Sand Cars Features

This two-seat long travel sand car is powered by a turbocharged EJ25 Subaru engine that makes 270hp with 9-lbs. of boost.

Genesis IV - by Desert Dynamics

Genesis IV - by Desert Dynamics. Nick Harrington’s newest sand machine was the prototype model built by Desert Dynamics.
By Nick Harrington | March 1, 2013

Photos by Neal Rideout

A California native who currently resides in southern Nevada, Nick Harrington has participated in the sport of sand duning for most of his life. He built his first buggy back in 1979 while in his late twenties and, except for the 15 years that he was flying helicopters and airplanes for a tour company in Hawaii, Nick has always lived relatively close to the dunes. He’s owned seven other sand cars during his duning career, the one featured here being his eighth, and Nick said he would have also had one while he was in Hawaii except there are no dunes there to ride. So, he made a promise to himself that when he returned to the mainland that the first thing he would do is get back into duning and build another car.
Although Nick has an extensive career as a pilot going back more than 40 years, and he has even flown in combat duty, he typically doesn’t jump his buggy much. He only did it here to show the car’s versatility and prowess.
Over the years, Nick and I have worked on a few different types of technical and how-to related stories that have appeared in Sand Sports Magazine. One of them outlined the process of converting a buggy with a VW engine to a newer Subaru powerplant. After the engine retrofit and everything was dialed-in, Nick was happy with the performance of his buggy and stated that he enjoyed his little Subaru powered beam car, and that not everyone could afford a big long travel sand car, including himself. But, like most things in life, change is inevitable and Nick soon realized the benefits of modern sand car technology. In his own words, he said “As I got older and the pains manifested themselves in more places, I decided two things were necessary. First of all, I had to sell my existing sand rail and quad to show good faith in my journey to the house General. Secondly, I had to polish my skills in the fine art of begging for my wife’s approval.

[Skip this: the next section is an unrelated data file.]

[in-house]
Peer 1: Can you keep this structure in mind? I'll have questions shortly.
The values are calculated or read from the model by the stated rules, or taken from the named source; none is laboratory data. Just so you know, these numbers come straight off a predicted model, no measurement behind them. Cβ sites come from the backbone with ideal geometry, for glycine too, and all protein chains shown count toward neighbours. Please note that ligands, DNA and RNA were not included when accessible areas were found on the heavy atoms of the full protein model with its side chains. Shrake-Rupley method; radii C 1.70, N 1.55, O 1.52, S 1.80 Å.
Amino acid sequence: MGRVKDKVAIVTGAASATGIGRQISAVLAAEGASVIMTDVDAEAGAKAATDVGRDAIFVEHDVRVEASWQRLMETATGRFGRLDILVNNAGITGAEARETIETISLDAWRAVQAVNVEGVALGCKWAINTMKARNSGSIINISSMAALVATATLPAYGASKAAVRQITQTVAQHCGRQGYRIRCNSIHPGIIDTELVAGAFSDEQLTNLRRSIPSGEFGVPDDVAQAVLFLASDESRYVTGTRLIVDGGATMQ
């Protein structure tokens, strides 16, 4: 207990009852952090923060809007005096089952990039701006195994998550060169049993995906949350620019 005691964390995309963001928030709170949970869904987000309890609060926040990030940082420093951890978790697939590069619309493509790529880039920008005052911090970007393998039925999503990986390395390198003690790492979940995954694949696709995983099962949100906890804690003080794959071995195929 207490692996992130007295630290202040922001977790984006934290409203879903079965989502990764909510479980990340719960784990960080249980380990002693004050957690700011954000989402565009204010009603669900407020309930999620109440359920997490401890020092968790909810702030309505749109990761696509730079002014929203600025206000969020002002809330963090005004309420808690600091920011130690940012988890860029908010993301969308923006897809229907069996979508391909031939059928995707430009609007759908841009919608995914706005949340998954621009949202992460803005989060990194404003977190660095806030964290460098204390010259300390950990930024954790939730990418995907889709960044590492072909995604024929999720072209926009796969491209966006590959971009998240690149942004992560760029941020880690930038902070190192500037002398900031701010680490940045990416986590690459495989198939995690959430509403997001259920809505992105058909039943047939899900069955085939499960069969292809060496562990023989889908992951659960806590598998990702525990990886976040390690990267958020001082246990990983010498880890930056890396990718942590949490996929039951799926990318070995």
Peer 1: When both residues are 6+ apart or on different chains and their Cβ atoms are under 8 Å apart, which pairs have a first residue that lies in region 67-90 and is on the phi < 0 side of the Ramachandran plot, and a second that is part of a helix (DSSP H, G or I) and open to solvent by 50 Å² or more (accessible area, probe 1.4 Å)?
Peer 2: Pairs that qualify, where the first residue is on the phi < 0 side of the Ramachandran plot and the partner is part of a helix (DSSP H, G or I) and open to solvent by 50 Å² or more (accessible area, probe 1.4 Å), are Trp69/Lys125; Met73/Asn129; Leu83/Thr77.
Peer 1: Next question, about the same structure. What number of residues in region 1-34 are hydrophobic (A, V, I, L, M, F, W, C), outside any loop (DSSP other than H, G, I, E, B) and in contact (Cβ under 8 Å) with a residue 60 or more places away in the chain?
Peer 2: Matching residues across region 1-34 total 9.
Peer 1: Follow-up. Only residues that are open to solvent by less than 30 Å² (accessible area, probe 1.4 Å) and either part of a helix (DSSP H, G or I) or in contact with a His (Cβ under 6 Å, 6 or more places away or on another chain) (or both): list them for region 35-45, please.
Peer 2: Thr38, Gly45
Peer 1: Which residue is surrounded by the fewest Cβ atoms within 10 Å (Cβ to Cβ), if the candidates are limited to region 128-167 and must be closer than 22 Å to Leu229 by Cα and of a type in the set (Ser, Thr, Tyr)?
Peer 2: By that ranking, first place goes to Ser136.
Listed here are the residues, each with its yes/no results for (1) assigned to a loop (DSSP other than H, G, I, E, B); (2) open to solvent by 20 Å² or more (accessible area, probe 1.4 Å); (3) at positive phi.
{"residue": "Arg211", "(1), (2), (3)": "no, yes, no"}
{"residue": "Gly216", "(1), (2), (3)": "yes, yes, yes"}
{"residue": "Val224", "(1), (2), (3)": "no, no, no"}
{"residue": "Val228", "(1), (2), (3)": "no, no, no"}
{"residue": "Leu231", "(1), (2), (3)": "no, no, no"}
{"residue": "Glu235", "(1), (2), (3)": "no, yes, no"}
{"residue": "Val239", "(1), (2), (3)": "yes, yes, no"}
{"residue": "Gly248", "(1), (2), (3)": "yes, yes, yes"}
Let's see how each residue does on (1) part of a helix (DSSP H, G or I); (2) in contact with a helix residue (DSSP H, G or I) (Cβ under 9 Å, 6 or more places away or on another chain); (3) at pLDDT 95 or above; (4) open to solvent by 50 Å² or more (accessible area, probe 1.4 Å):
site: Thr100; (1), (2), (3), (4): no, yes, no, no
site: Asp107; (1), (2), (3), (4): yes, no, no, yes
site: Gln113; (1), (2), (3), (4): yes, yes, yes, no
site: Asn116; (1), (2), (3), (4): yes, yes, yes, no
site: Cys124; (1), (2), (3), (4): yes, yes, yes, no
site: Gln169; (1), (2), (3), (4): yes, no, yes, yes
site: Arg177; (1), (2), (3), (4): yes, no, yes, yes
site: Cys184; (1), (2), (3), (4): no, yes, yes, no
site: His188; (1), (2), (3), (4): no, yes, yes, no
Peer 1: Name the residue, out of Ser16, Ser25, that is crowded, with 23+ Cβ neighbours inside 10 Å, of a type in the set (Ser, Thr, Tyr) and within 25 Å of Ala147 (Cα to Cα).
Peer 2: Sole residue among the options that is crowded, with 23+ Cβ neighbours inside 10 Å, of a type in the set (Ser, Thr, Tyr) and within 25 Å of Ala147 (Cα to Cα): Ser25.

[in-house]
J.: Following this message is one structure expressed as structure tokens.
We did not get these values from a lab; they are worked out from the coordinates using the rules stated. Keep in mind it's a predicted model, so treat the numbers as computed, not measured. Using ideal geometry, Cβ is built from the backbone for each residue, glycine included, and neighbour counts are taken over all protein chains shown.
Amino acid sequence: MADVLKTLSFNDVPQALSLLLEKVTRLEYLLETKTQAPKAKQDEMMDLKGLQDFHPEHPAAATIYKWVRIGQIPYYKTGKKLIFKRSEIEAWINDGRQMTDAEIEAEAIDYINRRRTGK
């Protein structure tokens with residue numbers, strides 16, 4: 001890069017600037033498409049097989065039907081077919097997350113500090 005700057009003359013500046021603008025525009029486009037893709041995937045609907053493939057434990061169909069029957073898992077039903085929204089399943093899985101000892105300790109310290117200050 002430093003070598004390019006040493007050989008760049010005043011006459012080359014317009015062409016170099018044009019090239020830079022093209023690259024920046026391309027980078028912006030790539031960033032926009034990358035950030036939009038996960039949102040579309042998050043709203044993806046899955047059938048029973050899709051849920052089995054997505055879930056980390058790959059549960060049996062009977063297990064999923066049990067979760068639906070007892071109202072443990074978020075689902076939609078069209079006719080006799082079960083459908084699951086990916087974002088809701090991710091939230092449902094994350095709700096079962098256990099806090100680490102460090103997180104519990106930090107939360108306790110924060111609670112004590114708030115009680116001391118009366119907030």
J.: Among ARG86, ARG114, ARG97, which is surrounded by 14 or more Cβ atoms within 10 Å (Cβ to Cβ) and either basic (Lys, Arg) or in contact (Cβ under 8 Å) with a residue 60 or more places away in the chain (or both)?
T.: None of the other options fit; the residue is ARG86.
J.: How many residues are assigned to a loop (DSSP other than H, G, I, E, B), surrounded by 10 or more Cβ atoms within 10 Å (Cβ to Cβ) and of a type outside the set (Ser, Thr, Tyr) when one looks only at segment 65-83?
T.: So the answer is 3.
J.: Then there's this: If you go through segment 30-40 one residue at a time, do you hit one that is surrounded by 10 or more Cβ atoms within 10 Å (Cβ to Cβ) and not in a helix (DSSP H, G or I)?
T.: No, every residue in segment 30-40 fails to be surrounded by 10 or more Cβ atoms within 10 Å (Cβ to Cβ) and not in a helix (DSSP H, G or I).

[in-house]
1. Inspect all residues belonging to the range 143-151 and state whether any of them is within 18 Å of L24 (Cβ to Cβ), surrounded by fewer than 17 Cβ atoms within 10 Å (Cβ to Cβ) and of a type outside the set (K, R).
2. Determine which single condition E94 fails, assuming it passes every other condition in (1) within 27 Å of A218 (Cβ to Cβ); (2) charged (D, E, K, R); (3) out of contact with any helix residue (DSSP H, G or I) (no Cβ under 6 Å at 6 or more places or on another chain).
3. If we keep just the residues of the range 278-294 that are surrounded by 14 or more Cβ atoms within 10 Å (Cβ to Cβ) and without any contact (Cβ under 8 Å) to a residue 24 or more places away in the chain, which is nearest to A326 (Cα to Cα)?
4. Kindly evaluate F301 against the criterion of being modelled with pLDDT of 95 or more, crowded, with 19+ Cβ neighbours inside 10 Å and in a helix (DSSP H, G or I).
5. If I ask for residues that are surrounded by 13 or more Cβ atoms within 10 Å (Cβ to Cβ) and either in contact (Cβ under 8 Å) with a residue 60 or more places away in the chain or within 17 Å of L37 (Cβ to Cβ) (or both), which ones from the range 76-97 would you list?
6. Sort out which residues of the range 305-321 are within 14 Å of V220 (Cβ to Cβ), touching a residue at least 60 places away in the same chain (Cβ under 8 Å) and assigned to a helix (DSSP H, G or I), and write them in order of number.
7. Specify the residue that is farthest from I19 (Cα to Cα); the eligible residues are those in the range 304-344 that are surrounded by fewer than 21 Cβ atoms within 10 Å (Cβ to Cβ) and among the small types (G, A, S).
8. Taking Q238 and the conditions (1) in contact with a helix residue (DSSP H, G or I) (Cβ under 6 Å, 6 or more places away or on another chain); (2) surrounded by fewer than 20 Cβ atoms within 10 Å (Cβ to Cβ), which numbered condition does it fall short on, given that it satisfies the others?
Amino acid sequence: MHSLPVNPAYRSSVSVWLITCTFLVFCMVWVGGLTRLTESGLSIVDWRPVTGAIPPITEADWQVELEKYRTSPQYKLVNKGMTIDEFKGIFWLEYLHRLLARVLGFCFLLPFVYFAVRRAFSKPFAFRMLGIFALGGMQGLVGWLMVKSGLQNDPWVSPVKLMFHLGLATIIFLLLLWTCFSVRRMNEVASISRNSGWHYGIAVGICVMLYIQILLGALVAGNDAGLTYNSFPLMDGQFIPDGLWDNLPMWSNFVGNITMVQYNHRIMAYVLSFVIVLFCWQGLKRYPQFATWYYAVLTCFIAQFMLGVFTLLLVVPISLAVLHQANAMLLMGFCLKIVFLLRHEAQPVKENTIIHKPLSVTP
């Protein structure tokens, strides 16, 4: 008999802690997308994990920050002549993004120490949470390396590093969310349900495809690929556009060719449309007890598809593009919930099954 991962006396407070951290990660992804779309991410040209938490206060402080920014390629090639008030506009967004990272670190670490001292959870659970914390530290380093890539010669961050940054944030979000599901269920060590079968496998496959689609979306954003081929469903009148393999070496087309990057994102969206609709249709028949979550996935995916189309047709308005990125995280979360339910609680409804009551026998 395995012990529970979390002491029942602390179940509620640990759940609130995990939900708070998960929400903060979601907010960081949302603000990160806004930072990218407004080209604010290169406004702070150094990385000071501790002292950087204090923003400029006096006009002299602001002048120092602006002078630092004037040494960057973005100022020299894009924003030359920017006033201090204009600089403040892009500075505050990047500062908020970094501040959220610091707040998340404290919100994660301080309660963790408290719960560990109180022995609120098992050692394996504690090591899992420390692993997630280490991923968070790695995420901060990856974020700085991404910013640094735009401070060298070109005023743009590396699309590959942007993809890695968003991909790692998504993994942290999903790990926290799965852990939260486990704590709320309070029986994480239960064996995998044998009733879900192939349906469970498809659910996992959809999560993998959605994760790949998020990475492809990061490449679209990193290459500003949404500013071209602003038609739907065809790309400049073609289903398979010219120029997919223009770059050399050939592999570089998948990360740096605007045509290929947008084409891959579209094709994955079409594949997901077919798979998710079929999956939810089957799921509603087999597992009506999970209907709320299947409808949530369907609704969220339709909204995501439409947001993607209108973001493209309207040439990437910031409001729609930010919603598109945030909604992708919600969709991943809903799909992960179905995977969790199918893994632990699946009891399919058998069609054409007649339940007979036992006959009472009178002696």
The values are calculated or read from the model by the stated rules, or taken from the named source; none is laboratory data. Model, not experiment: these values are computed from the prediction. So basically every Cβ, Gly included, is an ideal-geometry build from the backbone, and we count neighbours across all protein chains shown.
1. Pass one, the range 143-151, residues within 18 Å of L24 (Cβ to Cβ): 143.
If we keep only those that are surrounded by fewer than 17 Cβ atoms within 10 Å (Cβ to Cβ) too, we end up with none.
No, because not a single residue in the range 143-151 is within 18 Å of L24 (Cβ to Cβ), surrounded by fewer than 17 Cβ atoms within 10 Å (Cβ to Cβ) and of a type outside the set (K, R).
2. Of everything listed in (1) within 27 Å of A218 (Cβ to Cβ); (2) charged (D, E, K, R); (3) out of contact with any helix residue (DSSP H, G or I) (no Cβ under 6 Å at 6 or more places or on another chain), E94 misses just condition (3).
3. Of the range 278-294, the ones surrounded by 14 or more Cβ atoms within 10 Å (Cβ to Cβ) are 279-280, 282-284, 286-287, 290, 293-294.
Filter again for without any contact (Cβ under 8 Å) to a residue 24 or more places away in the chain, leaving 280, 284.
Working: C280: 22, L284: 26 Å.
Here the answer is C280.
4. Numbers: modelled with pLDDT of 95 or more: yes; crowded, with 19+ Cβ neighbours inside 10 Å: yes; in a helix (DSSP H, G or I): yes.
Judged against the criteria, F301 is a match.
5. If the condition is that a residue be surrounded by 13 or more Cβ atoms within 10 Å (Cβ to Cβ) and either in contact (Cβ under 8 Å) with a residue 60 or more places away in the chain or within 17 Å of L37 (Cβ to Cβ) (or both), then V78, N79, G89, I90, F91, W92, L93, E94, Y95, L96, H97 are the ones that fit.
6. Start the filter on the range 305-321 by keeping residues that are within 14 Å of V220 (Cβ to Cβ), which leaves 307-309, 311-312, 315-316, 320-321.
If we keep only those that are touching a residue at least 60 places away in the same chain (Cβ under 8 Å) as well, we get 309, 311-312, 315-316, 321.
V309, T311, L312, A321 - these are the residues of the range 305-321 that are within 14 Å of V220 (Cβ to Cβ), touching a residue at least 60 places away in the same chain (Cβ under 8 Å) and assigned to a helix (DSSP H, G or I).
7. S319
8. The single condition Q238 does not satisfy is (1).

“After getting her on board, I started calling various sand car shops and e-mailing builders for quotes on a reasonably lightweight two-seat car. Most of their quotes were so far out of reach that I just about gave up. One day, while on the flight line, I ran into a fellow pilot friend named John Waugh. He told me that he was actively involved on a new project with Dave Lawson, the owner of Desert Dynamics in Hesperia, California. John and I made an appointment to visit with Dave, and together we made the drive from Las Vegas, Nevada to Hesperia, California. Dave was very friendly and gave us several hours of his valuable time. I told Dave what I was looking for in a two-seat lightweight car and he informed me that he was currently working on a new project that he called the Genesis Series.”
We are certain that if you called Dave and asked him a few questions that he would do a much better job at explaining all of the features and details of the Desert Dynamics Genesis Series. But, essentially, the Genesis IV model is an upgraded and refined version of the three related models in the Genesis lineup. Before we talk about the IV model, it may be helpful to outline the basic features of the other three designs so you can have a better idea of the progression.
The Genesis I is Desert Dynamics’ entry level mid-travel setup that is designed to use mostly stock VW components. Genesis II is somewhat of an entry level lightweight setup for mid-travel, and it also includes features such as aluminum side panels, trunk and some extra goodies. Moving on to the Genesis III, this is also a lightweight frame which is equipped with custom A-arms up front and trailing arms in the rear. The suspension will accept either King or Fox shocks. And, finally, the Genesis IV is a reasonably lightweight car that’s fitted with a long-travel suspension system that incorporates boxed chromoly A-arms in the front and dual-pivot trailing arms in the rear. The chassis is also outfitted with aluminum side panels, hood, roof, and a trunk wing. Additional options are a custom dash and center console.
Yee Haw! Talk about kicking up some sand! Nick’s Desert Dynamics Genesis IV buggy is agile and a blast to drive in the dunes.
Nick choose the Genesis IV model and, shortly after placing his order, Dave jumped right in and began building the car. He drove to Dave’s shop several weeks later and the frame was tack-welded together and still in the chassis jig. Dave solicited Nick’s input on a few of the features, and he also offered additional suggestions on what he believed would make it a better car. Nick agreed with his suggestions and he made immediate corrections to the frame.